Written & Performed by Gemma Harvey
Directed by Lou-Lou Mason
12 noon, 31 July 1- 26 August (except 12 Aug)
Underbelly Buttercup – Bristo Sq – Venue 302
An hilarious, romping, multimedia exposé of modern dating scrutinises the deeper, brutal side of love and life, challenging our preconceptions of women and dating, sex and autonomy
What was the inspiration for the work:
Gemma: ‘I am a hopeless romantic who is still completely obsessed with finding love. I was inspired to write Lobster following my experiences of online dating. I was shocked by the damaging behaviour I encountered and by the pressures coming from all sides of society. When I realised that my female friends were going through similar ordeals, I decided to write a play based entirely on these real-life experiences. Fast-paced living and online culture have enabled a disregard for people’s feelings and safety in the dating game, when they’re at their most vulnerable. I want Lobster to challenge that behaviour, and inspire people to rediscover human connection and integrity in relationships.
How far does the content of the work influence your dramaturgical process? (or – what is the relationship between form and content?)
Lou-Lou: The exciting thing about the show being a single hander, is that it can exclusively focus on Polly’s experience of all she encounters, both in terms of dating technology and the other characters she meets. Multi-roling provides a very layered abstract: while each character is clearly defined, what the audience sees is Polly’s interpretation of the other character’s engagement with her, which really helps to demonstrate that a person’s individual truth is deeper and more impactful than the objective truth. This dynamic is perfect for exploring such deeply personal, intimate narratives.
During R&D, the stories and experiences we collected from our research group created a very organic development experience. While verbatim theatre usually creates episodic results, we found that there were many many shared experiences across the research group. Also, when recreating each anecdote in theatrical form they naturally slotted together in a dynamic crescendo. Ultimately, the components of Polly’s story have been taken from different peoples lives, but as so many similar examples were found, it’s clear that her entire journey could have happened to any one of us.
How does this show relate to your usual process or content?
Lou-Lou: for me it’s a return to devising and being part of the end to end process from concept to realisation. I work with many formats and processes, and this is by far the most exciting way to work. It’s time consuming and incredibly deep, so can be exhausting and utterly rinsing. But that’s what is absolutely necessary to create brilliant theatre!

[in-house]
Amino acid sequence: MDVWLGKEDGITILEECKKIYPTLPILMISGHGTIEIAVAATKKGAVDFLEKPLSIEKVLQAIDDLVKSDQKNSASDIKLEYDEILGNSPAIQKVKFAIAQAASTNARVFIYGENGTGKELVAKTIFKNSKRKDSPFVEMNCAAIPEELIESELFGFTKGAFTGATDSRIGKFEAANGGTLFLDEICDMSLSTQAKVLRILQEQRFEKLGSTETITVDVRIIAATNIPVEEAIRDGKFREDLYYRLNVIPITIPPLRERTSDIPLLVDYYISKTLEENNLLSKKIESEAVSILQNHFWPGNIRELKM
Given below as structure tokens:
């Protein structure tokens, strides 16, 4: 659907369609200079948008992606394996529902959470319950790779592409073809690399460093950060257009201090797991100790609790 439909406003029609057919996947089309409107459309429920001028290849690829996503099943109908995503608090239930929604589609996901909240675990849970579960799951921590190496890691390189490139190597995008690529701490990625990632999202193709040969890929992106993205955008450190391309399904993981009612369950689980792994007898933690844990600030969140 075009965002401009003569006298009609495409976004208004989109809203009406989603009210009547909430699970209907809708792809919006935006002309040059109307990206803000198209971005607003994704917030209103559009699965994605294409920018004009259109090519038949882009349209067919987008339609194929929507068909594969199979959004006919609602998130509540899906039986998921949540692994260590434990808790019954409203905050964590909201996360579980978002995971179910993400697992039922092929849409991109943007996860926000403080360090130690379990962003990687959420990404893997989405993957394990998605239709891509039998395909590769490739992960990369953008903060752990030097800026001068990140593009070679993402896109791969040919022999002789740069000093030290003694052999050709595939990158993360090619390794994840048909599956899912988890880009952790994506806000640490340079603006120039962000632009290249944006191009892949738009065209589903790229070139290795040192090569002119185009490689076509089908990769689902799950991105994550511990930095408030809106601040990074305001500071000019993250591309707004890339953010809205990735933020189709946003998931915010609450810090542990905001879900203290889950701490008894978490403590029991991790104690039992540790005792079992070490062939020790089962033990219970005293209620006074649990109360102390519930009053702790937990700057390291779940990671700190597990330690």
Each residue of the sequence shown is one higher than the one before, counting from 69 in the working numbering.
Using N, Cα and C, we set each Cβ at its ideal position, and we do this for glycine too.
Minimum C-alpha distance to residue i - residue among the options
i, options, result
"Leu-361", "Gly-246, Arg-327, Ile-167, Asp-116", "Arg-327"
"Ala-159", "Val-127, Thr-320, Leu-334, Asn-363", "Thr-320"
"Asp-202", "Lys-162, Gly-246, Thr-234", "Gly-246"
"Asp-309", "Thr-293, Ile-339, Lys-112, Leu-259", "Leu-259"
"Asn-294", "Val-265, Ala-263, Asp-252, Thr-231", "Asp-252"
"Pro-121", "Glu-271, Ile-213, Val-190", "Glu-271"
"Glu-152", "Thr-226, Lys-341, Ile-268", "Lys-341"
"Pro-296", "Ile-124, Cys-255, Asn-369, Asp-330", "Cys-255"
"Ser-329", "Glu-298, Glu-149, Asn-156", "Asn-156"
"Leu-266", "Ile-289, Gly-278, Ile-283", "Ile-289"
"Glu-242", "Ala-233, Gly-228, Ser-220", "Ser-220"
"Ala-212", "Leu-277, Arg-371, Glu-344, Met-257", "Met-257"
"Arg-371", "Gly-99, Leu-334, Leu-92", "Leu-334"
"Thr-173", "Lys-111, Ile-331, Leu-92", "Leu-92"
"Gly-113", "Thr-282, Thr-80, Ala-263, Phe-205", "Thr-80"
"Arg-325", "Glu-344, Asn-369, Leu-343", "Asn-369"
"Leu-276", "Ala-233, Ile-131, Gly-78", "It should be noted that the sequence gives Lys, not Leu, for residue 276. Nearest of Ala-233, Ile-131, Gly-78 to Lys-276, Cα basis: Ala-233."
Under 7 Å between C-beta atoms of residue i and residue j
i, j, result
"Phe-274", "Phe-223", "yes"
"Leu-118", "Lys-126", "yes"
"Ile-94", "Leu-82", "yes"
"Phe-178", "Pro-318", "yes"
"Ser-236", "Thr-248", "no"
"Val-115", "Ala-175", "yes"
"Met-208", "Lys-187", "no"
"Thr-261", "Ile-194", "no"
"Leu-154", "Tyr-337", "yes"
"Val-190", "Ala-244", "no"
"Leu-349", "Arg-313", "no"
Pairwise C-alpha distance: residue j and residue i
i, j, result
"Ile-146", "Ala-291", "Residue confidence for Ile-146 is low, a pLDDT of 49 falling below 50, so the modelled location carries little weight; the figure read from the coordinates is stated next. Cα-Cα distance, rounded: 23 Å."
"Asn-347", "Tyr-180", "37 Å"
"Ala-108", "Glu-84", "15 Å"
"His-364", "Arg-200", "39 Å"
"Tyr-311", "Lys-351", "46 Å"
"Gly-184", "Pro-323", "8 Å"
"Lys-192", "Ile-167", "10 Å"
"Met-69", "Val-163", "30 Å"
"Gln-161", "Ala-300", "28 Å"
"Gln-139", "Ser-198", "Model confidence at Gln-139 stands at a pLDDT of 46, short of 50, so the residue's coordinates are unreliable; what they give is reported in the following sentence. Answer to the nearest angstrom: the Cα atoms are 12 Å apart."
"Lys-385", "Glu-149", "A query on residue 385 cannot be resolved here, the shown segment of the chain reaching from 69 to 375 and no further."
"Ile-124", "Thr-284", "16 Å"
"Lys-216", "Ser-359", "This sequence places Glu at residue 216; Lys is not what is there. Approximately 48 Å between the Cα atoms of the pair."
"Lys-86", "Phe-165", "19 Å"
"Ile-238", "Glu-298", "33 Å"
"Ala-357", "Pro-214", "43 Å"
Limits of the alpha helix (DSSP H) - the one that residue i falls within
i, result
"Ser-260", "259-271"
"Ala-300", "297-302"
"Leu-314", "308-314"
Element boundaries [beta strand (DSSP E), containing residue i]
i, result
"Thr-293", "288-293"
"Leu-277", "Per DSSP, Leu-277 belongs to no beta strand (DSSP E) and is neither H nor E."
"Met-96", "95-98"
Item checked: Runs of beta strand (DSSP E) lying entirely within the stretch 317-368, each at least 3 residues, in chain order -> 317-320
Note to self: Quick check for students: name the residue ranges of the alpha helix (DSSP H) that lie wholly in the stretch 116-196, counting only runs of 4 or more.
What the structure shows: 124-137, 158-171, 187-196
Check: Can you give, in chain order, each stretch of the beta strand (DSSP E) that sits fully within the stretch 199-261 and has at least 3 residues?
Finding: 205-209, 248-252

Gemma: As an actor, this is my first experience with writing a play. Everyone knows the industry is incredibly challenging for women and there are significantly fewer female roles available. So, inspired by other writer performers like Phoebe Waller Bridge, Michaela Coel and Milly Thomas, I turned my hand to my keyboard. Writers are always told to write about what they know – drawing on my personal online dating experience, Lobster was born! Working with true events and life stories and creating a play from them is so different from the standard actors experience of being handed a play and going into rehearsals. The way we have worked is completely opposite to that: collating the stories, then through the devising process, to the evolution of the play to what you can now see.
What makes you want to make theatre rather than another art?
Lou-Lou: There is nothing more exciting than theatre. It provides a blank canvas like no other and as a counterpoint to the sharp increase in technological progress and platforms, theatre is more relevant than ever. Theatre is all about the audience – it enables an engagement with audience in a very special, intimate way and the most magical part of theatre making for me is in the blending styles and content to leverage the audience’s imaginations to take them on the performance journey. Audiences are more switched-on than ever and we are really excited to bring Edinburgh a show that is so very current and touches so many lives.
Is theatre – and the Fringe – a good place to provoke conversations?
It absolutely is. With such a broad reach of participants, we can’t think of a better place to raise the issues in Lobster and start the conversation and the campaign to create real social change in our romantic interactions.
A critical point about lobster is that every scenario Polly encounters, every cringe worthy conversation, every date and every message she receives has happened to us or someone we know. We’re not out to criticise apps, but the damaging behaviour they can facilitate. We all love to hear a good tinder horror story, but these are real people behind the profiles. The conversation we want to spark is a serious one about sexual health, consent, mental well-being, and the desire for connection, all of which are key issues in modern dating whatever your age, sexual orientation or gender. In a world where fast paced online consumerist culture has spread to dating and the search for sex and/or love, we want Lobster to inspire people to call out negative behaviour and promote human connection and romantic integrity regardless of the platform you’re using to meet people.
One of the things we hope to create out of the show is a dating manifesto co-created with our audiences of ten principles of good modern dating. What does positive behaviour look like? Let’s push for a standard that everyone deserves and support people to follow it.
Loquitur Theatre was founded in 2015 by Gemma Harvey and Lou-Lou Mason.
Since inception, we have continuously demonstrated our niche for edgy and compelling work, exploring issues and challenges faced by women in ordinary and extraordinary situations.